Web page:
French Foreign Minister Bernard Kouchner stated that the European Union would be discussing two variants of sanctions against Russia at a forthcoming summit. The Polish variant stipulates the introduction of rather tough measures, whereas the Italian variant contains only abstract criticism of Russia’s actions.
The soft variant contains a requirement to pull out Russian troops from the territory of Georgia, from the port of Poti and buffer zones. In addition, the EU will ask for guarantees from Russia not to use its present line of behavior against other countries.
The tough variant of the document stipulates the introduction of financial and economic sanctions against Russia. According to this draft resolution, the EU may recommend large business to cut its financial investments in Russia and recognize the Russian market as highly unstable and risky. To make matters worse, the European Union may recommend European banks not to loan up Russian banks and companies.
Moscow hopes to conduct negotiations with several of its European partners in an attempt to push them to abstract formulations and abstain from sanctions.
The talks will most likely be conducted with Moscow’s potential allies – Germany, Italy, Spain, France and Finland. Russia may offer these countries a change of the Russian stance on the Iranian problem and economic preferences in return to their support.
Europe may suspend the talks on the partnership and cooperation agreement and activate efforts aimed to diversify fuel shipments to Europe.
The first measure does not seem to be of much importance to Moscow, although the second one can be quite dangerous. Russia may have severe problems with its gas pipeline projects known as the Northern Stream and the Southern Stream. In addition, Europe will most likely decide to accelerate the implementation of the Nabucco project that will deliver Caspian hydrocarbons to Europe bypassing Russia.
If Europe eventually decides to introduce sanctions against Russia, at least one Russian oil company may reduce crude shipments to Europe at Russian government’s request.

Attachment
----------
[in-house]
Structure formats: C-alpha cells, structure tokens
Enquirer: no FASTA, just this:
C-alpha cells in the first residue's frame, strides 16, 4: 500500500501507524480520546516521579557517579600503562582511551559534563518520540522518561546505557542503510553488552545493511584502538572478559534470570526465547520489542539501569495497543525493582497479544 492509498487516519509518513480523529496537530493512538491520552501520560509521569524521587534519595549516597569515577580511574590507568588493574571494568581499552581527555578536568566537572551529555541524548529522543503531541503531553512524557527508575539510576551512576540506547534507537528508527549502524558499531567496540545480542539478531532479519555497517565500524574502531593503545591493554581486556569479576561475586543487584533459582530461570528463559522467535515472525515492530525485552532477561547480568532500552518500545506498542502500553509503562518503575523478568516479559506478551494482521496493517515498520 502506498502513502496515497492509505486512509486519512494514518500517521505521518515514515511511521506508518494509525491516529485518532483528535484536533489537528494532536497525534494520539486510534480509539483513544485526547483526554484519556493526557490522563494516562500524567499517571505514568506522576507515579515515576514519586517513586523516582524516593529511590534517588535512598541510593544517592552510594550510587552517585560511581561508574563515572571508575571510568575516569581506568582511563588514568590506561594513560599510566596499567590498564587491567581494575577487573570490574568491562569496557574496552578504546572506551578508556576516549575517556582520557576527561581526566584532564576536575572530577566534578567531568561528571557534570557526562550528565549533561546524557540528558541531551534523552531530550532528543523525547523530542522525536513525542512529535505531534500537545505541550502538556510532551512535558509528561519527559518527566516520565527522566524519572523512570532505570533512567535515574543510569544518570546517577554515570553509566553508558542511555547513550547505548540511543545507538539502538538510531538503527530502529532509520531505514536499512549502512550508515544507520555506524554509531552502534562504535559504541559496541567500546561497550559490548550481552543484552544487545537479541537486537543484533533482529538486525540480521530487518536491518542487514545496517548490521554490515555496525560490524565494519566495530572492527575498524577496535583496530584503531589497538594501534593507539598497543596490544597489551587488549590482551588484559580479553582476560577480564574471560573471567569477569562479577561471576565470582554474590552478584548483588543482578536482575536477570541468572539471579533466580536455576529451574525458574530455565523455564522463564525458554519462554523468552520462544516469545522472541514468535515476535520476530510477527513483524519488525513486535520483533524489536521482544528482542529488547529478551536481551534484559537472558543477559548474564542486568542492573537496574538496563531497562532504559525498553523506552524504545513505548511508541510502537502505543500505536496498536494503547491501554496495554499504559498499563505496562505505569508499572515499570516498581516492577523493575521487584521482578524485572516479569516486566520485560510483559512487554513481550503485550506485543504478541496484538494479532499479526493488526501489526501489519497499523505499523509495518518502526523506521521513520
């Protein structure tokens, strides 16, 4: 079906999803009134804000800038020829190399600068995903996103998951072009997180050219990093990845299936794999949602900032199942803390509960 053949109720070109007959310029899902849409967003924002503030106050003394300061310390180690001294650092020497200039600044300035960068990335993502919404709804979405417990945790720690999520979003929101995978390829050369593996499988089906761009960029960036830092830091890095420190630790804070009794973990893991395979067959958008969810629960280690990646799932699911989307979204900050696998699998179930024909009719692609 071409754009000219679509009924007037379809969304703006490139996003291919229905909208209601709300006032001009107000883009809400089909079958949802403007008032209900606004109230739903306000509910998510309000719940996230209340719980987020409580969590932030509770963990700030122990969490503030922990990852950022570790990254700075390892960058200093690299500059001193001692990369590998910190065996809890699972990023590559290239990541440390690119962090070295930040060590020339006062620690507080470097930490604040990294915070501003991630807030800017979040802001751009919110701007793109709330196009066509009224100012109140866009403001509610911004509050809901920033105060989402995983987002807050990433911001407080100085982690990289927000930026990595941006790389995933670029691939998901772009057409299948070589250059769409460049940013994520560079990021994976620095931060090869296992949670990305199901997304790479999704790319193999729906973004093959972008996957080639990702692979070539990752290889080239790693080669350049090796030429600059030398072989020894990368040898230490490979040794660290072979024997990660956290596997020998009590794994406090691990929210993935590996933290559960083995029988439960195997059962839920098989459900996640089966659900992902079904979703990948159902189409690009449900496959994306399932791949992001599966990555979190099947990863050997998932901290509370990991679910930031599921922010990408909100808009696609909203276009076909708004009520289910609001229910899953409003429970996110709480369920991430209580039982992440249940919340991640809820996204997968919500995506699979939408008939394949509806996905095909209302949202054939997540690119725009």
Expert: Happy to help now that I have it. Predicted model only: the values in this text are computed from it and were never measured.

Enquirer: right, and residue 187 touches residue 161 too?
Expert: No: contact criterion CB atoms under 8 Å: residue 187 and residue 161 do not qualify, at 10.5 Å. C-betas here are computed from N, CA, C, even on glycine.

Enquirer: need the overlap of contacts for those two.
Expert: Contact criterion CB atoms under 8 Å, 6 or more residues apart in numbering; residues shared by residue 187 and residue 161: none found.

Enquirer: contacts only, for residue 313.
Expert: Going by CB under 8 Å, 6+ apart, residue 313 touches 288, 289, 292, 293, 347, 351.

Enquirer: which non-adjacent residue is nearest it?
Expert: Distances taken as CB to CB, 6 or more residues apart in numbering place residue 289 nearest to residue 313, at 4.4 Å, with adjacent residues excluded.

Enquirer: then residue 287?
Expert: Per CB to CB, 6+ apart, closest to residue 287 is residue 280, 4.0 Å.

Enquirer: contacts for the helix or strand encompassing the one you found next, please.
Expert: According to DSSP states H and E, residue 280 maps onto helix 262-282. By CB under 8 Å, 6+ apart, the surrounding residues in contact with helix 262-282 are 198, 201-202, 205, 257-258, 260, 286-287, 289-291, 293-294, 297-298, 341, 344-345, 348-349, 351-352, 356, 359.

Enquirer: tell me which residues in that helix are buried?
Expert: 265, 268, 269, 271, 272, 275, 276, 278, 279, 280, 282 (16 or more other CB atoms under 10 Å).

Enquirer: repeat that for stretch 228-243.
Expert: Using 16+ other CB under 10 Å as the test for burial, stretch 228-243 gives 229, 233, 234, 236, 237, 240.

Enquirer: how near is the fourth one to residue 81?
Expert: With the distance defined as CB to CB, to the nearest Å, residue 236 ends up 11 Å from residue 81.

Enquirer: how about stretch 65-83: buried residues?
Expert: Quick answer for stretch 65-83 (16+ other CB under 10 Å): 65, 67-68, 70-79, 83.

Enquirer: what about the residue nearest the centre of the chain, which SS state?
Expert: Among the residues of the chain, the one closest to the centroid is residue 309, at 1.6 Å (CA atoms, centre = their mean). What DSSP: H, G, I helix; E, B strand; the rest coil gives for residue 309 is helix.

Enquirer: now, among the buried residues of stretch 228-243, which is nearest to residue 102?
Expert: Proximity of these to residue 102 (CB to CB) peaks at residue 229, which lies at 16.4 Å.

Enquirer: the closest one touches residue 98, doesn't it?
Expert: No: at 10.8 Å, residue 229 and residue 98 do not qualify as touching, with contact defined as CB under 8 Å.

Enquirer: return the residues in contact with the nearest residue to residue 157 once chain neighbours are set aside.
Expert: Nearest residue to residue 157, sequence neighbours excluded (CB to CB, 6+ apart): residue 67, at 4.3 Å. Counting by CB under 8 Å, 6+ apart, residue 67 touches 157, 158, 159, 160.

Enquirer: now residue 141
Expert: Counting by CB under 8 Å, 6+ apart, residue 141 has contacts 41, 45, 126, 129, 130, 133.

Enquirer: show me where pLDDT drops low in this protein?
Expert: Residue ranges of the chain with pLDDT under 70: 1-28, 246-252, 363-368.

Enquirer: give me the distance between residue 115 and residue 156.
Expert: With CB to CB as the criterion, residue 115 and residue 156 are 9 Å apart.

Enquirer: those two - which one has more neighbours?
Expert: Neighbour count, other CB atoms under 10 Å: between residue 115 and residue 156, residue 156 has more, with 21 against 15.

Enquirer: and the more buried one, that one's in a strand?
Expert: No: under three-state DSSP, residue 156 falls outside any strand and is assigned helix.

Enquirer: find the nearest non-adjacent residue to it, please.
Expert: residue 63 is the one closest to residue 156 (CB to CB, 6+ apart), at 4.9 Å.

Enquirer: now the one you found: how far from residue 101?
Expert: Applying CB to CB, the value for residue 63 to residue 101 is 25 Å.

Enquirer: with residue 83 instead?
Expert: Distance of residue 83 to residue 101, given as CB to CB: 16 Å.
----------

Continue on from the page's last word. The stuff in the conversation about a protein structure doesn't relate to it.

Russia may cut its oil shipments particularly to Poland and Germany. A reduction may occur already on September 1, Reuters reported with reference to British media. It is worthy of note that Prime Minister Putin stated in his recent interview with CNN that Moscow would not reduce its oil and gas shipments to Europe because Russia depends on its customers, just like the customers depend on Russia’s resources.
Russia’s Foreign Minister Sergei Lavrov described the idea of European sanctions against Russia as “a product of ill imagination.” Russia’s ambassador to the European Union, Vladimir Chizhov, urged the EU to abstain from the sanctions against Moscow.
It has just been reported that the European Union leaders will not decide on sanctions against Russia at a summit Monday in Brussels.
A high-ranking official in President Nicolas Sarkozy's office says that for now "we don't foresee any sanctions decided on by the European Council,” the AP reports.
The official acknowledges that some countries are pushing for sanctions against Russia over its crisis with Georgia. But Sarkozy's office believes Europe must concentrate now on pressuring Russia to apply a cease-fire agreement. France currently holds the EU presidency. The official spoke Friday on condition of anonymity because of office policy. He elaborated on remarks by France's foreign minister, who has said sanctions were being considered.
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